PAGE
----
Signs of a Mature Writer

One of the most important things we must learn to do as writers, (and it is a definite mark of maturity) is to not get married to our stuff. What does that mean? I'm referring to the title, cover design, or our wording. It is imperative that we hold our writing loosely and allow the gift of others to speak into the final product.

Ok, and can I just step in and say that the phrase, "God told me to do it that way," is something I hear almost daily from writers defending their work or an idea. (I also hear almost daily "God told me my book is going to be a NY Times bestseller.)  But isn't it safe to say that there are times when we miss it? Don't let that phrase be really just an excuse for unwillingness to listen or bend to wisdom.
 

This is especially true if we have a publisher in the picture. With a signed contract, in essence we relinquish a good amount of control to their expertise and team. Can you do that? It takes some maturity. 

Even if you are self-published, this rule applies. In the process of development, your book should go through at least one edit. Hopefully you have a seasoned editor speaking into areas of your manuscript during that process in which you can tighten up and clarify. (Everyone needs a good editor that will speak into the manuscript---I'm not just talking copy edit here.)
Editors have a great eye for what makes a good read, a great read, if they are worth their salt. 

What happens when we get married to our stuff?
I once had an author who had been published multiple times, but we were having a challenge with his most recent book garnering a publisher. During the process, I received several comments from acquisition editors giving critical insight into changes they felt were necessary in the writing.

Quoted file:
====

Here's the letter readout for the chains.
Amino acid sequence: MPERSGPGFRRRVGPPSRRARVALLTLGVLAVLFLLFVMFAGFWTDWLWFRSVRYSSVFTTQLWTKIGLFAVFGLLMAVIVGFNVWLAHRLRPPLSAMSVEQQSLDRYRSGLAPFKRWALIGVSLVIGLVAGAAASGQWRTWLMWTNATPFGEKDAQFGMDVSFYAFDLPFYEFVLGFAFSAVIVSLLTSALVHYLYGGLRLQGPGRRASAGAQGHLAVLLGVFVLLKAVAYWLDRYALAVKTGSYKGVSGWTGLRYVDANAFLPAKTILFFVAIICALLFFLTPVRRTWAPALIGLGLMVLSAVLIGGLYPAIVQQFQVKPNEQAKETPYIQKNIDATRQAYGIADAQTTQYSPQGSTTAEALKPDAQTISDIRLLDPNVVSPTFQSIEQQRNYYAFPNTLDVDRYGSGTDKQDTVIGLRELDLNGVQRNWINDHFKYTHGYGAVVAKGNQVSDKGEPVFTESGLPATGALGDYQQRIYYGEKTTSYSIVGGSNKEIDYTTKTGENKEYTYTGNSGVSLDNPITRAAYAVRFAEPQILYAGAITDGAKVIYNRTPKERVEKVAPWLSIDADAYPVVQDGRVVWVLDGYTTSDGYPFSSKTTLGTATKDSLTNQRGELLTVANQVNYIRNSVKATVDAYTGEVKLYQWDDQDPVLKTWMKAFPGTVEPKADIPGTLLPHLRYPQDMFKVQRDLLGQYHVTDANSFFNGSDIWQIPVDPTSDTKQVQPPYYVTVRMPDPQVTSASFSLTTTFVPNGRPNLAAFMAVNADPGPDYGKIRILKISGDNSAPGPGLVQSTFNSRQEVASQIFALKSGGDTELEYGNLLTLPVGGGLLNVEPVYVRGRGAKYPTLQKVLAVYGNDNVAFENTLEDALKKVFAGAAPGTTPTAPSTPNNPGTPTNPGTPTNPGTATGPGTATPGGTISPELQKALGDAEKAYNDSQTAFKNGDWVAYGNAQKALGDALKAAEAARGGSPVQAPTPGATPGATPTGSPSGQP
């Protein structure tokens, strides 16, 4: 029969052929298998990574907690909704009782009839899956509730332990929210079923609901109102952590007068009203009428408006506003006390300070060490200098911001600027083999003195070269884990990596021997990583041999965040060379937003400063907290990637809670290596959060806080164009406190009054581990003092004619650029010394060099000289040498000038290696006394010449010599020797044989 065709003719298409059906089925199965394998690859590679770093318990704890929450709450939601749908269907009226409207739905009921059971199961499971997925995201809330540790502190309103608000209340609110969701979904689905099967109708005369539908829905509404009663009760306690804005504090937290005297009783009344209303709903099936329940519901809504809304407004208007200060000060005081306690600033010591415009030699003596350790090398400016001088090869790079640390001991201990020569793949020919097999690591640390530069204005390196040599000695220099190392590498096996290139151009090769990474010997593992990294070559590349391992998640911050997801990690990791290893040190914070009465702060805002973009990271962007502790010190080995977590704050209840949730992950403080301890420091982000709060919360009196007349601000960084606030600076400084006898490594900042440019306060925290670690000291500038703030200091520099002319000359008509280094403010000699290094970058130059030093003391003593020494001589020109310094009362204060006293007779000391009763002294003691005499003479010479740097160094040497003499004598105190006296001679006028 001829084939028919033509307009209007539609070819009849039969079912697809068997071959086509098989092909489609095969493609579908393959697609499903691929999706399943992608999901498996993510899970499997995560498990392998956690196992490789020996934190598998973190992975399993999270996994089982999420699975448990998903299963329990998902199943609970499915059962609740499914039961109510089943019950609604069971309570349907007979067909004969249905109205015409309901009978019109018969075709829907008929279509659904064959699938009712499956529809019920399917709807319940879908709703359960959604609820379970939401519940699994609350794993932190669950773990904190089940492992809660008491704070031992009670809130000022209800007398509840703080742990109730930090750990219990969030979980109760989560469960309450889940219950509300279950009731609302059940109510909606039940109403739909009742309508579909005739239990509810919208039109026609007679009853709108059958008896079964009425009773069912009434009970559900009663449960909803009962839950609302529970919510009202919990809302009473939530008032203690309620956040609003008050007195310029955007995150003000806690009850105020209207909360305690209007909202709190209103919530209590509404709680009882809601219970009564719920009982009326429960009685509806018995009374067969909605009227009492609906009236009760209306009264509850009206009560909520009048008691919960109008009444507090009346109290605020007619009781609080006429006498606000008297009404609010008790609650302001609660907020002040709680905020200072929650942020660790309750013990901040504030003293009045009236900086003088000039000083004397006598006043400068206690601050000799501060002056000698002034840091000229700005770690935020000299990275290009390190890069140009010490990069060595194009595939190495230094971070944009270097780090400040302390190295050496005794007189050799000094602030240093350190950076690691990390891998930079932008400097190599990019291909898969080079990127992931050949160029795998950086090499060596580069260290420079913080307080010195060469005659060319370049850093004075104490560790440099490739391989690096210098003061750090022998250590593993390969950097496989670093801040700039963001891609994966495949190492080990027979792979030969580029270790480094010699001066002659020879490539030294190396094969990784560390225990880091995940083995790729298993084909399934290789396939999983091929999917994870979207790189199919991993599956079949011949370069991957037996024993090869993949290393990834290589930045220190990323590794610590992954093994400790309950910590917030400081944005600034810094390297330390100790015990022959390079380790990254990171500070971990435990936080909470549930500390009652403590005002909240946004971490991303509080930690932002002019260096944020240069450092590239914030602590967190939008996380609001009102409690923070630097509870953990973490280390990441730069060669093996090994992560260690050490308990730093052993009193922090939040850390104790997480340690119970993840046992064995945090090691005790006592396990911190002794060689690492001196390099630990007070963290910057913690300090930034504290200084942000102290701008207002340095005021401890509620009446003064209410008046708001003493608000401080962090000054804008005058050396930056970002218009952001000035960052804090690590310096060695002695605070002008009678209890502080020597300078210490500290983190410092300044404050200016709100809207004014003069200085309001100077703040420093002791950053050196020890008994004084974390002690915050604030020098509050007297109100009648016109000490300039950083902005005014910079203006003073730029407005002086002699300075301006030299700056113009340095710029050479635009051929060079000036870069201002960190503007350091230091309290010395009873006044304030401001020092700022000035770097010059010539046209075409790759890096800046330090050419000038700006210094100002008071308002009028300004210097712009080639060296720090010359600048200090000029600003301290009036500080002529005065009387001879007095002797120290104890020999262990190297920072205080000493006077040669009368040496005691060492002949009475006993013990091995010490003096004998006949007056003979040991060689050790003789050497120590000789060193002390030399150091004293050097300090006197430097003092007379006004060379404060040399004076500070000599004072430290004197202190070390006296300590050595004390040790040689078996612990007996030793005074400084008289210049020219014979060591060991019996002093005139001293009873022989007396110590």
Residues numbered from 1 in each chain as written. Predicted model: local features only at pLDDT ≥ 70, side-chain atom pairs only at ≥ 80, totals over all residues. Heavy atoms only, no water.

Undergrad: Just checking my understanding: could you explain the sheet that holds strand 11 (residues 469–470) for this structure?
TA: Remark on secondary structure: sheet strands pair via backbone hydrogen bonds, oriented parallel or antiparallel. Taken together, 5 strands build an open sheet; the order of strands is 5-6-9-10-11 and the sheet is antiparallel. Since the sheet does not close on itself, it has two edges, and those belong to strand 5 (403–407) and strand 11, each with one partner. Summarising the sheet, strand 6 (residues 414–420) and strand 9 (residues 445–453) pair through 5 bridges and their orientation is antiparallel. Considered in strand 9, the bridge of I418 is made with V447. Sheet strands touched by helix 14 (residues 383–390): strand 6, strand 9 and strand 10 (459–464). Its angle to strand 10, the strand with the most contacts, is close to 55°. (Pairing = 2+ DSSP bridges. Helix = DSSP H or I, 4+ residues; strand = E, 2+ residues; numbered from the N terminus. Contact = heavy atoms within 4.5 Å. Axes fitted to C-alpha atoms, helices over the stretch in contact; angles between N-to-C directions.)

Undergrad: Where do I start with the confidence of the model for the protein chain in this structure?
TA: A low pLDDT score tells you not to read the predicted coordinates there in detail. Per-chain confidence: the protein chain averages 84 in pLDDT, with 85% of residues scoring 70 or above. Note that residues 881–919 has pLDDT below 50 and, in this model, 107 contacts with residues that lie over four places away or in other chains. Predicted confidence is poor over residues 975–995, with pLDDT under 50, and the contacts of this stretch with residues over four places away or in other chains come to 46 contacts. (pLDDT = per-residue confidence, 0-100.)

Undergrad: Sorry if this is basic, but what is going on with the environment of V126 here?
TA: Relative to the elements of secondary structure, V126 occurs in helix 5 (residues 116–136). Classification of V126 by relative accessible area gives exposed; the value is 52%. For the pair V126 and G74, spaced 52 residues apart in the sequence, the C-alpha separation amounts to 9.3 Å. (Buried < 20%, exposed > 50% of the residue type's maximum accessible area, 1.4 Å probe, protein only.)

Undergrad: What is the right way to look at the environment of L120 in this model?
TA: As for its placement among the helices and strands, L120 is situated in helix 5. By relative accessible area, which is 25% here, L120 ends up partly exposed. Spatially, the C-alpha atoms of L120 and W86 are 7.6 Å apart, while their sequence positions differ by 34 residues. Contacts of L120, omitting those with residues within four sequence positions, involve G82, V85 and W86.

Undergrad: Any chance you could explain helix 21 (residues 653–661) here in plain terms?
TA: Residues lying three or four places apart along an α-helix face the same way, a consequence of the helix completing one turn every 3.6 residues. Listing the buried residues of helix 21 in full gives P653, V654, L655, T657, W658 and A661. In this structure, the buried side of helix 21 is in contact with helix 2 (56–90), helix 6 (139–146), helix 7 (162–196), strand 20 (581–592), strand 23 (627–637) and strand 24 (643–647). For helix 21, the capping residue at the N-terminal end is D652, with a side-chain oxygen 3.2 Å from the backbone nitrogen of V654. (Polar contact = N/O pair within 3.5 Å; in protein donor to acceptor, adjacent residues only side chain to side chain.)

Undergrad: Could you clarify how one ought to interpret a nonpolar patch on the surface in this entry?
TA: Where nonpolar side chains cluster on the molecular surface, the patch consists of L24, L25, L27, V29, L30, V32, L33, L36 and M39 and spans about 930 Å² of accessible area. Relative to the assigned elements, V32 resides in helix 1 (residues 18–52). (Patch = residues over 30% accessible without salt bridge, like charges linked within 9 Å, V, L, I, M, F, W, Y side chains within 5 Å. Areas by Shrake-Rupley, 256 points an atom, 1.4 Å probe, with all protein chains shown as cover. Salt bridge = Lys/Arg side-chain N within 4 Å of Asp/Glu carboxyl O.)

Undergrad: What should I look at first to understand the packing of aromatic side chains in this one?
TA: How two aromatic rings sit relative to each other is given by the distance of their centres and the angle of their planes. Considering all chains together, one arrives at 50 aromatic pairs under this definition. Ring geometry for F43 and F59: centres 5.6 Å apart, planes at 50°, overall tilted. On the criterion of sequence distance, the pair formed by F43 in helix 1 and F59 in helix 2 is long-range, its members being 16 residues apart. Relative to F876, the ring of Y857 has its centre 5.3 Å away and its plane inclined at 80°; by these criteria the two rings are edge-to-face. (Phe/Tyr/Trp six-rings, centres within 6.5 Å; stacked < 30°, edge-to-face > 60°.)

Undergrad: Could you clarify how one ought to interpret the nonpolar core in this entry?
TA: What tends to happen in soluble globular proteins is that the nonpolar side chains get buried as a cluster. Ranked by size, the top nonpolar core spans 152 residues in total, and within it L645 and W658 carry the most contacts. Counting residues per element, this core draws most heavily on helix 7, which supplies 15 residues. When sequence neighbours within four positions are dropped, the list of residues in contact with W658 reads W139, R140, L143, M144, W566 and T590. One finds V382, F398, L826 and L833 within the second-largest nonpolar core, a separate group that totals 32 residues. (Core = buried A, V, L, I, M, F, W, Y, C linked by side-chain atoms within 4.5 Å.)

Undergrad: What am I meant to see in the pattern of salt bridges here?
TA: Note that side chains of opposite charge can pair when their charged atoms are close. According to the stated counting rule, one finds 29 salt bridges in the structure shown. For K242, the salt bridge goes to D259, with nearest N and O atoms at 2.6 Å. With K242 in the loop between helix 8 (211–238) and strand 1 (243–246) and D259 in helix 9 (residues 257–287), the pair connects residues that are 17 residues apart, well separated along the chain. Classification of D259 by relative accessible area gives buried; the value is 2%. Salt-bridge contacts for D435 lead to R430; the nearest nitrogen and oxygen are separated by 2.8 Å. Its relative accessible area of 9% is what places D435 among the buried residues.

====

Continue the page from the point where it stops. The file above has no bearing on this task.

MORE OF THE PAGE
I also spoke into areas that were not written as well as they could have been. I was rebuffed by the author and unfortunately when I presented the comments to the writer from the acquisition editors, those were ignored as well. The writer was certain that their writing needed no adjustment. The result? We never obtained a contract on that title. A waste of his time and mine because of an unwillingness to mature in this area. 

So how can we grow in this area? It can be tough. But there are exercises that will help.

If you have never submitted a query to write an article for publication, I encourage it. When you have to write to an editors specifications rather than your own, you learn how to hold it loose and grow a thick skin. You also have to learn to:

  • Pitch your writing and idea well.
  • Hit a deadline.
  • Write to their expectation.
  • Follow their required suggestions for revisions and possibly on more than one occasion. That means rewrites and sometimes more rewrites after you submit the article you thought was "perfect." 

  

You will know when you have learned to successfully maneuver this challenge when you receive a response to a query with an editor you have worked with previously and the query is approved quicker and with less restrictions, giving you a long leash. This means trust has been built along with your skill.  

Writing for others can be tough. Ghostwriters and freelancers do this on a regular basis as do journalists. All writers should experience it because you know what? That exercise will help you become a better writer in the process.  

No pain; no gain so to speak.  

So keep writing. Keep working. Keep an open mind. And do yourself a favor, don't get married to your stuff. 

Karen Hardin - Literary Agent and Marketing Guru
PriorityPR Group & Literary Agency